Festival Artistic Directors, theatre veteran pay tribute to David Fox
BY SHAWN LOUGHLIN
David Fox, a legend of Canadian theatre and a veteran of the Blyth Festival and theatre in Huron County, died in Toronto late last week after a lengthy battle with cancer. He was 80.
Fox had a history with Huron County that reached back to the early 1970s when he was part of Paul Thompson’s group of Theatre Passe Muraille artists who travelled to Goderich Township to create what would become The Farm Show. That show, according to many, was instrumental in the evolution of Canadian theatre and its success led directly to the creation of the Blyth Festival just a few years later. He would also star in Theatre Passe Muraille’s production of 1837: The Farmers’ Revolt, another seminal Canadian theatre production.
Fox was named a member of the Order of Canada in 2018 for his contributions to Canadian theatre. In addition, he has won many theatre awards, including a Dora Mavor Moore Award in 1999 for his work on Theatre Passe Muraille’s The Drawer Boy and a Sterling Award for his role in The Invention of Poetry at the Citadel Theatre in Edmonton.
In Blyth, Fox has performed in some of the Festival’s most revered productions, like Quiet in the Land, Another Season’s Promise and Garrison’s Garage to name a few. He first appeared in a Festival production in 1979, the fifth Festival season, returning in 1980 and 1981.
More recently, Fox was in Blyth in 2014 for St. Anne’s Reel and 2015 in Seeds and Fury, marking his last season with the Festival.
In 2014, when the Festival celebrated its 40th season, Fox shared his most cherished memory of his time at the Festival, which was what he called “livestock management” as an actor in Ted Johns’ He Won’t Come In From The Barn. The play featured live animals on the Memorial Hall stage and, at the end of the night, Fox and the other actors would have to walk them down the street and back to the farm.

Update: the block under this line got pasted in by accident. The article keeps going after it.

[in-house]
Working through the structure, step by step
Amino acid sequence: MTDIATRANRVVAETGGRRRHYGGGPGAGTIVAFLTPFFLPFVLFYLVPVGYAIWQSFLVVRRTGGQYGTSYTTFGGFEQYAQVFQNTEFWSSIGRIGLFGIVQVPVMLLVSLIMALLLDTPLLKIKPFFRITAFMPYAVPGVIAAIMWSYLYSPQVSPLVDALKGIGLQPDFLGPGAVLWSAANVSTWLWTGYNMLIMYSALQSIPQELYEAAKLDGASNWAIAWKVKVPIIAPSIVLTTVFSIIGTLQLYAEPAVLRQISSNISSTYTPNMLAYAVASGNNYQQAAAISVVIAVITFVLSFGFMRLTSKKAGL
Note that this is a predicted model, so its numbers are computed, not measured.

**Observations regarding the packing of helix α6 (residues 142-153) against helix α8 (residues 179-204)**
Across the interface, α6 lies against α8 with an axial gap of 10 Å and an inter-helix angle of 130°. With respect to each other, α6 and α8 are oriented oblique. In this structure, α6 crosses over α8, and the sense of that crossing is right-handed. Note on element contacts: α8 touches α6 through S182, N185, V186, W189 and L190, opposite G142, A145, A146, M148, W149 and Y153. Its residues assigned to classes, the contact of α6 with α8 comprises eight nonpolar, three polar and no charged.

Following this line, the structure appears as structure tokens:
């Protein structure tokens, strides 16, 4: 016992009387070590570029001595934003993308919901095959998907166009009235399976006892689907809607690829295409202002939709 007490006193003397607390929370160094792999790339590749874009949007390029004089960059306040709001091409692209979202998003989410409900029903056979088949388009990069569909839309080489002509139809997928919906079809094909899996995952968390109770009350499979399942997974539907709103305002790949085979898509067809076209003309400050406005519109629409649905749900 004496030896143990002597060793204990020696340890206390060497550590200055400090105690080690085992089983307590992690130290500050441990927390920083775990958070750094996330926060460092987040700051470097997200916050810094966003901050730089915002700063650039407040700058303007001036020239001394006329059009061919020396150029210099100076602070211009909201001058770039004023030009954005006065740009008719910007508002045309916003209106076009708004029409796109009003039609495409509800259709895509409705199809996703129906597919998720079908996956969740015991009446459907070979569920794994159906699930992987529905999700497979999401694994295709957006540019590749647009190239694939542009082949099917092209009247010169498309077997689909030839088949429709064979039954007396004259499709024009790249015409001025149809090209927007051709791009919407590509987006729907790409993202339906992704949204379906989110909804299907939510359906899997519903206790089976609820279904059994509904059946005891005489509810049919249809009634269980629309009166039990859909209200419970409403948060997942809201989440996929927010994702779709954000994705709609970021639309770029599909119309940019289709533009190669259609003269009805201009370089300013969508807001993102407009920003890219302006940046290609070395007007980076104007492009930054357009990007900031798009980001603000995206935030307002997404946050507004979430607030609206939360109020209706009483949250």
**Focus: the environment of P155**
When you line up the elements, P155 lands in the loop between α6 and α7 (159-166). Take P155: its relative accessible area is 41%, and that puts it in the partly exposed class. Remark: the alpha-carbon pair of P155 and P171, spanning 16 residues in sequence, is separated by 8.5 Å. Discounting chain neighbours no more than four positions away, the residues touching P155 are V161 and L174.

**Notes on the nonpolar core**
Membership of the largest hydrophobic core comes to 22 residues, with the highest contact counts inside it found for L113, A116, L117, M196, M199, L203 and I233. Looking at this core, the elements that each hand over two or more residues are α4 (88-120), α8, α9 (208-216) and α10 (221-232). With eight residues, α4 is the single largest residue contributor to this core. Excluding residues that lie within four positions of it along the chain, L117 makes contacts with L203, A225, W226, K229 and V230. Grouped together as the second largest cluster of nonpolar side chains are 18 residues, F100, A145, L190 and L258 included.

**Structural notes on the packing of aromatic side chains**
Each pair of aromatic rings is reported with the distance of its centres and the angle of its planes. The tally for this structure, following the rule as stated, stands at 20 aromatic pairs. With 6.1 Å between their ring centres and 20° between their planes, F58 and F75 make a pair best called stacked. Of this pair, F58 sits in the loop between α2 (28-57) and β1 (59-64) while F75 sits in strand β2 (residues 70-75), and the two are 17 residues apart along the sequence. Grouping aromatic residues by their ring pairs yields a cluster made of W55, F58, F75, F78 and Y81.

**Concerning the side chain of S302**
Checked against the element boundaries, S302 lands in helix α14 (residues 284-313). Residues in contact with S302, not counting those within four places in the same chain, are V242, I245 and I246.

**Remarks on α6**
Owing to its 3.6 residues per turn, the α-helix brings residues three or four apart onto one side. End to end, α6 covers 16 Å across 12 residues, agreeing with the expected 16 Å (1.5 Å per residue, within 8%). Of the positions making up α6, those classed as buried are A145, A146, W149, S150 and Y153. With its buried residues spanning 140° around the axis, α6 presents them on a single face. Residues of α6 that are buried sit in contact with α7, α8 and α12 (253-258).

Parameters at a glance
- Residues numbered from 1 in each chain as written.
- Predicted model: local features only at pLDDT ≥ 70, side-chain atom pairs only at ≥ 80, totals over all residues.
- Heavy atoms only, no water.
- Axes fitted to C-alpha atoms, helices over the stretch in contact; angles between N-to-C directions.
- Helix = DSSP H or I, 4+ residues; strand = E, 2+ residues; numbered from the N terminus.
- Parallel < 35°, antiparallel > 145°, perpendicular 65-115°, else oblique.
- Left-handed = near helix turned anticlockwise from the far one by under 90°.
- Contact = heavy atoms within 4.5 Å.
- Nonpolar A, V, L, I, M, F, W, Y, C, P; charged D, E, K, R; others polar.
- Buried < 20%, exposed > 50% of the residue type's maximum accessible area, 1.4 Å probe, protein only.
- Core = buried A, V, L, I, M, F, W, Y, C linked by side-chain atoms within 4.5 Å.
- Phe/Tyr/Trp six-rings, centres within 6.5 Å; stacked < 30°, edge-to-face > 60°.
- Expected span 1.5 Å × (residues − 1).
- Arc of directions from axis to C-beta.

He would perform extensively across the country over the course of his career, which spanned nearly a half-century, including the Stratford Festival, the Tarragon Theatre, North Bay’s Watershed Shakespeare Collective at Theatre Passe Muraille and the Red Sandcastle Theatre in Toronto. Fox also had over 100 film and television credits to his name, including a recurring role on Road to Avonlea.
In a 2015 interview with The Citizen, Fox said he always felt that he had a special relationship with the audience members of the Blyth Festival; the kind that could only be built over decades of being part of the community one summer at a time, especially with farmers. He said that while he didn’t grow up on a farm, he said he felt as though he had been accepted by that community, which likely could be traced back to The Farm Show. In that 2015 interview, Fox said he felt a responsibility in getting the stories of the community right.
“We were there for six weeks and we were going to show them what we’d learned,” he said. “These are their stories, so would they like what they see? The stakes were so high.”
Blyth Festival Artistic Director Gil Garratt shared his thoughts on the impact Fox had on Canadian theatre over the weekend, when he notified Festival fans of Fox’s passing on social media.
“With his imposing stature, his incisive mind and blown-glass heart, Fox was possessed of the kind of power on-stage that pulled all of us deeper into the dream,” Garratt said. He also detailed creating Death of the Hired Man with Fox and others through improvisation and writing St. Anne’s Reel specifically for Fox and J.D. Nicholsen in 2014.